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Man Attaches Cyborg Camera Implant to His Skull

| 4 Dec 2010 19:46
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In the name of art, an NYU photography professor has surgically implanted a camera into the back of his head.

New York University photography professor Wafaa Bilal, previously known for his work on a videogame mod called The Night of Bush Capturing: A Virtual Jihadi that cast players as a suicide bomber, is making waves once again. This time, he's gone and implanted a camera into the back of his skull for a new photography experiment that sounds really painful.

A magnetic camera mount was surgically attached to the back of Bilal's head by a body modification artist. The artist gave Bilal a "transdermal implant" which includes three titanium plates and posts, which the base for a 10-megapixel camera was screwed into. He says it "hurt a lot."

Bilal underwent the painful operation for a project called "The 3rd I." The camera will take photos at one-minute intervals for an entire year and beam them to an exhibit at the new Mathaf: Arab Museum of Modern Art in Qatar, which opens on December 30, 2010. According to his website, the project will begin on December 15.

The premise behind the project is to comment on the "inaccessibility of time and the inability to capture memory and experience," Bilal says. He adds that he's interested in "what he leaves behind." For now this has only been a shower curtain and a bunch of other boring stuff, but he's sure to capture a lot of interesting moments in the hundreds of thousands of photos he plans to take over the next year.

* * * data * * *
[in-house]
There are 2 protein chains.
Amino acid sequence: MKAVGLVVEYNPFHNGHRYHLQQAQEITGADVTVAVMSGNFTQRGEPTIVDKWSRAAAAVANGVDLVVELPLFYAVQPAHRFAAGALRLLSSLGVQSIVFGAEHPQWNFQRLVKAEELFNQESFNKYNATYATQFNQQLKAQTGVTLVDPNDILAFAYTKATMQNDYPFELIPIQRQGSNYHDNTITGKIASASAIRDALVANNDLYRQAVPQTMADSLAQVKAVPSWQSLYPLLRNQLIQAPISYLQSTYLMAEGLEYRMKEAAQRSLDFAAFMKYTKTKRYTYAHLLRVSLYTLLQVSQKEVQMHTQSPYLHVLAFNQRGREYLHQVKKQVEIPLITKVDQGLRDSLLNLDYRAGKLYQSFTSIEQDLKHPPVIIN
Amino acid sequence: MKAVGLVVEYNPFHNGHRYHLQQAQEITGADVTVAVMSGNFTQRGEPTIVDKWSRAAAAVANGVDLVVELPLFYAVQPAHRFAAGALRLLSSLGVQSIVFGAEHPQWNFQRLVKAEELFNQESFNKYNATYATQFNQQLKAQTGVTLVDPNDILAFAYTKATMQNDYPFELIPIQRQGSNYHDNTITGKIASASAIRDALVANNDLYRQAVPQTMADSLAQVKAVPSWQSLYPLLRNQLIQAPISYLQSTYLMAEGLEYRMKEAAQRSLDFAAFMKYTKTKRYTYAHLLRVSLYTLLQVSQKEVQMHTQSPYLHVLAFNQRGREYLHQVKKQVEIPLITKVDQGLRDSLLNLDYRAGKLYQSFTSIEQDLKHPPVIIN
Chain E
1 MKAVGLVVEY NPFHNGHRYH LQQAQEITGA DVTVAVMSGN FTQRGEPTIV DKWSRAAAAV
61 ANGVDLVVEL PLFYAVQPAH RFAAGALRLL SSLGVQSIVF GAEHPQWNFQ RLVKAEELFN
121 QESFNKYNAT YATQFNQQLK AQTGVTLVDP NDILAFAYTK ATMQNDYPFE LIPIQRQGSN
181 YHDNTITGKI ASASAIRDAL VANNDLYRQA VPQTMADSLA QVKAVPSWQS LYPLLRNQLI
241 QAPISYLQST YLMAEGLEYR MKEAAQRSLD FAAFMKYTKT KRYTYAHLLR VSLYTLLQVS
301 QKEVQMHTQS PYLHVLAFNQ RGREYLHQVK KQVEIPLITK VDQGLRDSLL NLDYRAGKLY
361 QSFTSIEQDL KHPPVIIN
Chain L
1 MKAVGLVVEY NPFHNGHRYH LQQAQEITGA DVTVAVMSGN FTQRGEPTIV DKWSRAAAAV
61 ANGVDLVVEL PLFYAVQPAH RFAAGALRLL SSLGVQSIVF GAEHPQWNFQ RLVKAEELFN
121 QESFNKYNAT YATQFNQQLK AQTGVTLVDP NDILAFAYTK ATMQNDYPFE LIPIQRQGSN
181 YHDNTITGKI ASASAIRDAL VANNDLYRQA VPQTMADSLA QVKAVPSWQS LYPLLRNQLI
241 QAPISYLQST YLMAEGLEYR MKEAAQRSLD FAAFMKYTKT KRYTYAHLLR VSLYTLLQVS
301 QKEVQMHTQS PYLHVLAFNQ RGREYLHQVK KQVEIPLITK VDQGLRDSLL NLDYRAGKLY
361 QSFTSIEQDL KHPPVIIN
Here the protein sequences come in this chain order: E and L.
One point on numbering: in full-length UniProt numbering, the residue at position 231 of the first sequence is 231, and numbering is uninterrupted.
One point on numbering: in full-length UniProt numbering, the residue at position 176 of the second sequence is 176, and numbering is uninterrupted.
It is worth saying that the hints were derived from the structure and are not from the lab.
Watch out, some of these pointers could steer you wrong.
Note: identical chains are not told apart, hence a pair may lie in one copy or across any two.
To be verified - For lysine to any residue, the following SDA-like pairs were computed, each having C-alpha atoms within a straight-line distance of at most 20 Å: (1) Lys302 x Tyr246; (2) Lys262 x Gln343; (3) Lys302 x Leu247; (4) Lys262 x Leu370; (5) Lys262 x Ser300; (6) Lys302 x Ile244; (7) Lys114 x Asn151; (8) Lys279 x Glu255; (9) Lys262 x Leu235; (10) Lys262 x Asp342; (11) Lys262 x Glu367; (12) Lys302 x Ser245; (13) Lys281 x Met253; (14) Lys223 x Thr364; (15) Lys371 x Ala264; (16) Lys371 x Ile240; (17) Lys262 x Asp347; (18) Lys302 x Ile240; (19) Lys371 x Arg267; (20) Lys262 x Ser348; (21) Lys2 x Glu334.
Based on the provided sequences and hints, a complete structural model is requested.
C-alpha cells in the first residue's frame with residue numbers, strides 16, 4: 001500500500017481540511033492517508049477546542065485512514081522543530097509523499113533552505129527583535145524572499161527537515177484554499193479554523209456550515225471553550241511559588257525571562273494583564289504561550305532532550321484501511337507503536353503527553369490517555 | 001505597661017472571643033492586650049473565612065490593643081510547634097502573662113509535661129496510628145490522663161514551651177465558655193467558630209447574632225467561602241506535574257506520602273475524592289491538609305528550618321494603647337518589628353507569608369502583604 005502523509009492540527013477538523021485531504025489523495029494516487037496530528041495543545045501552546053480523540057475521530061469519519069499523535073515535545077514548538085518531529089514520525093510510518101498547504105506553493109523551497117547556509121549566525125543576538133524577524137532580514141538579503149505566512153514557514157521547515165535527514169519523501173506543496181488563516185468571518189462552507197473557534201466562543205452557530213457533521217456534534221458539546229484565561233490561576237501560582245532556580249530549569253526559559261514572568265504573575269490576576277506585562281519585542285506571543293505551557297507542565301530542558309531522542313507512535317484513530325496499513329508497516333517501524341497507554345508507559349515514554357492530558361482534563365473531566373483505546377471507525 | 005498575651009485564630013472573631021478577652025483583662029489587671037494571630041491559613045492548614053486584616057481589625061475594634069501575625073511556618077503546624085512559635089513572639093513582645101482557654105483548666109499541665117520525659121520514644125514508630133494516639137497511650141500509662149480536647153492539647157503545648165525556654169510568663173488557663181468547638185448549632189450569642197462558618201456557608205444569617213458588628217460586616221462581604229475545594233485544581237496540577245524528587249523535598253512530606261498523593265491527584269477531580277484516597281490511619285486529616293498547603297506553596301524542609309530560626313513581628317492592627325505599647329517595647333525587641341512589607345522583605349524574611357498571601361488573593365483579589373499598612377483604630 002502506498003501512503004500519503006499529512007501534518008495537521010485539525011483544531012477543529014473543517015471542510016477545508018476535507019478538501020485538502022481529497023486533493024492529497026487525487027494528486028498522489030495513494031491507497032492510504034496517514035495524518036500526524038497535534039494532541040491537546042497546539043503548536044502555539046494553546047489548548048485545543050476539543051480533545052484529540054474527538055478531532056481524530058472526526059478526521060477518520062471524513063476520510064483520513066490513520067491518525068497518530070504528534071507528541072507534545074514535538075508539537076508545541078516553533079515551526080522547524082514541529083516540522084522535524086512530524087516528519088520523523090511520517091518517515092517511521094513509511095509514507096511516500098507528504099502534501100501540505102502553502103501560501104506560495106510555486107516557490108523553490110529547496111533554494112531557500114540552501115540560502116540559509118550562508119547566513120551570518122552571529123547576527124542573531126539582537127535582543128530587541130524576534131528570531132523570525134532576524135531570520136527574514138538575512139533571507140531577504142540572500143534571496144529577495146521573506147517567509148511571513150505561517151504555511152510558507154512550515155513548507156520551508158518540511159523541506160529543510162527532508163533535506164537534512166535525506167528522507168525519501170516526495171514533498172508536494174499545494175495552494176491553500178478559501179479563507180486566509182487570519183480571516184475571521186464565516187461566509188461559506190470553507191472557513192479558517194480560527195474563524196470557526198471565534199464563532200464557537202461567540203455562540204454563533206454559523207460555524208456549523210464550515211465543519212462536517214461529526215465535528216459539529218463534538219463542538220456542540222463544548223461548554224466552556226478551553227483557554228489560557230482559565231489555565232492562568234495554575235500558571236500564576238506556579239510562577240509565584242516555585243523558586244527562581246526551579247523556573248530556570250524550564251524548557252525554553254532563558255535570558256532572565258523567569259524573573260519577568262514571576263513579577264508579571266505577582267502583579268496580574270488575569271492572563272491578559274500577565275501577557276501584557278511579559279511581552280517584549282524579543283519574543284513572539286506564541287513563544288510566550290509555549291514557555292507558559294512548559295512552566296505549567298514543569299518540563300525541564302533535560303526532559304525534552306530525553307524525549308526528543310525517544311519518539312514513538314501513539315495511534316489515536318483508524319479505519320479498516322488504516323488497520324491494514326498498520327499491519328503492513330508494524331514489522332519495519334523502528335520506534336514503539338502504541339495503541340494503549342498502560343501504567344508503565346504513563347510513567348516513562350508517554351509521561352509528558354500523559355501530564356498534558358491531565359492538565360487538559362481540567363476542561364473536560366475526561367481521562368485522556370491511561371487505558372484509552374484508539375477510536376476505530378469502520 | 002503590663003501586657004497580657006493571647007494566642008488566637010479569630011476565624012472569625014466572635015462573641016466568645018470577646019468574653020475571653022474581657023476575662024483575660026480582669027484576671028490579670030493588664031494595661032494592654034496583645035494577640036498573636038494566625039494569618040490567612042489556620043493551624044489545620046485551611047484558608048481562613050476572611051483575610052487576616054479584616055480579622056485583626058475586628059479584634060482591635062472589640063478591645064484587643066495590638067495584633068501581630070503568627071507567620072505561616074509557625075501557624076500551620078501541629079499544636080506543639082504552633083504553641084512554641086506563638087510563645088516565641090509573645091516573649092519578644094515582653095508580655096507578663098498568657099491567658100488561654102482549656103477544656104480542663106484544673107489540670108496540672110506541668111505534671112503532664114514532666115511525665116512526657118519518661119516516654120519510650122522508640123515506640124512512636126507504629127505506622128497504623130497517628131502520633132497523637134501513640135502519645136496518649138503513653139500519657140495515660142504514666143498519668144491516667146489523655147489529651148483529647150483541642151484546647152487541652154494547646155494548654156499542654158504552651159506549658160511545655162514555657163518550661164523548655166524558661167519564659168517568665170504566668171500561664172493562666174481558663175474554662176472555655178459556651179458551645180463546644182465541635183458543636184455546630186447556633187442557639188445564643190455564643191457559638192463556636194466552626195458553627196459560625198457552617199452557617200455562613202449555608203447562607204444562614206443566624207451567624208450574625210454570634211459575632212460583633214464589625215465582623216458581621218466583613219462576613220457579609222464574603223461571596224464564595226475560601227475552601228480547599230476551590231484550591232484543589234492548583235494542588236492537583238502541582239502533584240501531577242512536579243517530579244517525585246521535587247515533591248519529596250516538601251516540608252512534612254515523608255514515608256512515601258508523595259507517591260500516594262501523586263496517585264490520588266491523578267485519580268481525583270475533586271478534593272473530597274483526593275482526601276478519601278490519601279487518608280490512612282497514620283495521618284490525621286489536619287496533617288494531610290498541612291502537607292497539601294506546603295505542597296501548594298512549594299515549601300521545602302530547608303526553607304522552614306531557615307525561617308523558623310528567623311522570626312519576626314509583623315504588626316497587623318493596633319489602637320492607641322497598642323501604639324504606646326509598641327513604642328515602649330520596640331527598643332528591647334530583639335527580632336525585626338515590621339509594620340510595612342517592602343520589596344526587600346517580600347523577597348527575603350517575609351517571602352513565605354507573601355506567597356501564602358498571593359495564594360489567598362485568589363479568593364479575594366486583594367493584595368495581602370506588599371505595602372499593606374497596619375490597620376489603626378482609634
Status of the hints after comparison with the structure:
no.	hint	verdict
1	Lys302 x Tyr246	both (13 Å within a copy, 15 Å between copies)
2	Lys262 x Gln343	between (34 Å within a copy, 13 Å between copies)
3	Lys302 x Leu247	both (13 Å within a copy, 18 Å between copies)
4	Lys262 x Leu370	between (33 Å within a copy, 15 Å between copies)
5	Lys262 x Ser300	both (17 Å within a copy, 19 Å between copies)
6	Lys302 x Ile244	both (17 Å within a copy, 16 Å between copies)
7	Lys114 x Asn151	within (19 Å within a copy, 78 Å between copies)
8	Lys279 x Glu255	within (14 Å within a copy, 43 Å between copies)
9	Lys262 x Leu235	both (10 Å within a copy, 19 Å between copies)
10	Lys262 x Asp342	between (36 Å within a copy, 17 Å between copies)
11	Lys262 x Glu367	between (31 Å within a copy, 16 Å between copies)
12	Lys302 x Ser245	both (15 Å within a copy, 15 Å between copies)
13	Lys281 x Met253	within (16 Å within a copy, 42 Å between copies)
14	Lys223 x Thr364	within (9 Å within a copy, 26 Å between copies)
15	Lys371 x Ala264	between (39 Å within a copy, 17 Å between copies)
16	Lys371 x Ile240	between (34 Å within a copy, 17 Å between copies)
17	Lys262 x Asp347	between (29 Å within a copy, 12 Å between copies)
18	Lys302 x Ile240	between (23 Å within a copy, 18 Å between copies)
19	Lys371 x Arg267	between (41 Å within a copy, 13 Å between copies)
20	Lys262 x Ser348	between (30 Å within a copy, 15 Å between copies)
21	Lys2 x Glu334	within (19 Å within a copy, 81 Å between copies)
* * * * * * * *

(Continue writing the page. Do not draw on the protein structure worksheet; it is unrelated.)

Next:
He could have just worn a helmet cam, but that'd be too obvious to bystanders and wouldn't work for the premise of the project, it seems. Bilal has agreed to cap the lens of his head camera while on campus at NYU to protect the school's students, but it'll be on for every other portion of his life. It's even waterproof and will work in the shower.

Bilal's friends are already starting to uninvite him to gatherings because of the camera, but he doesn't care. It's an extreme project, but it also has a compelling nature that should see some cool results.

Source: PopSci, WSJ

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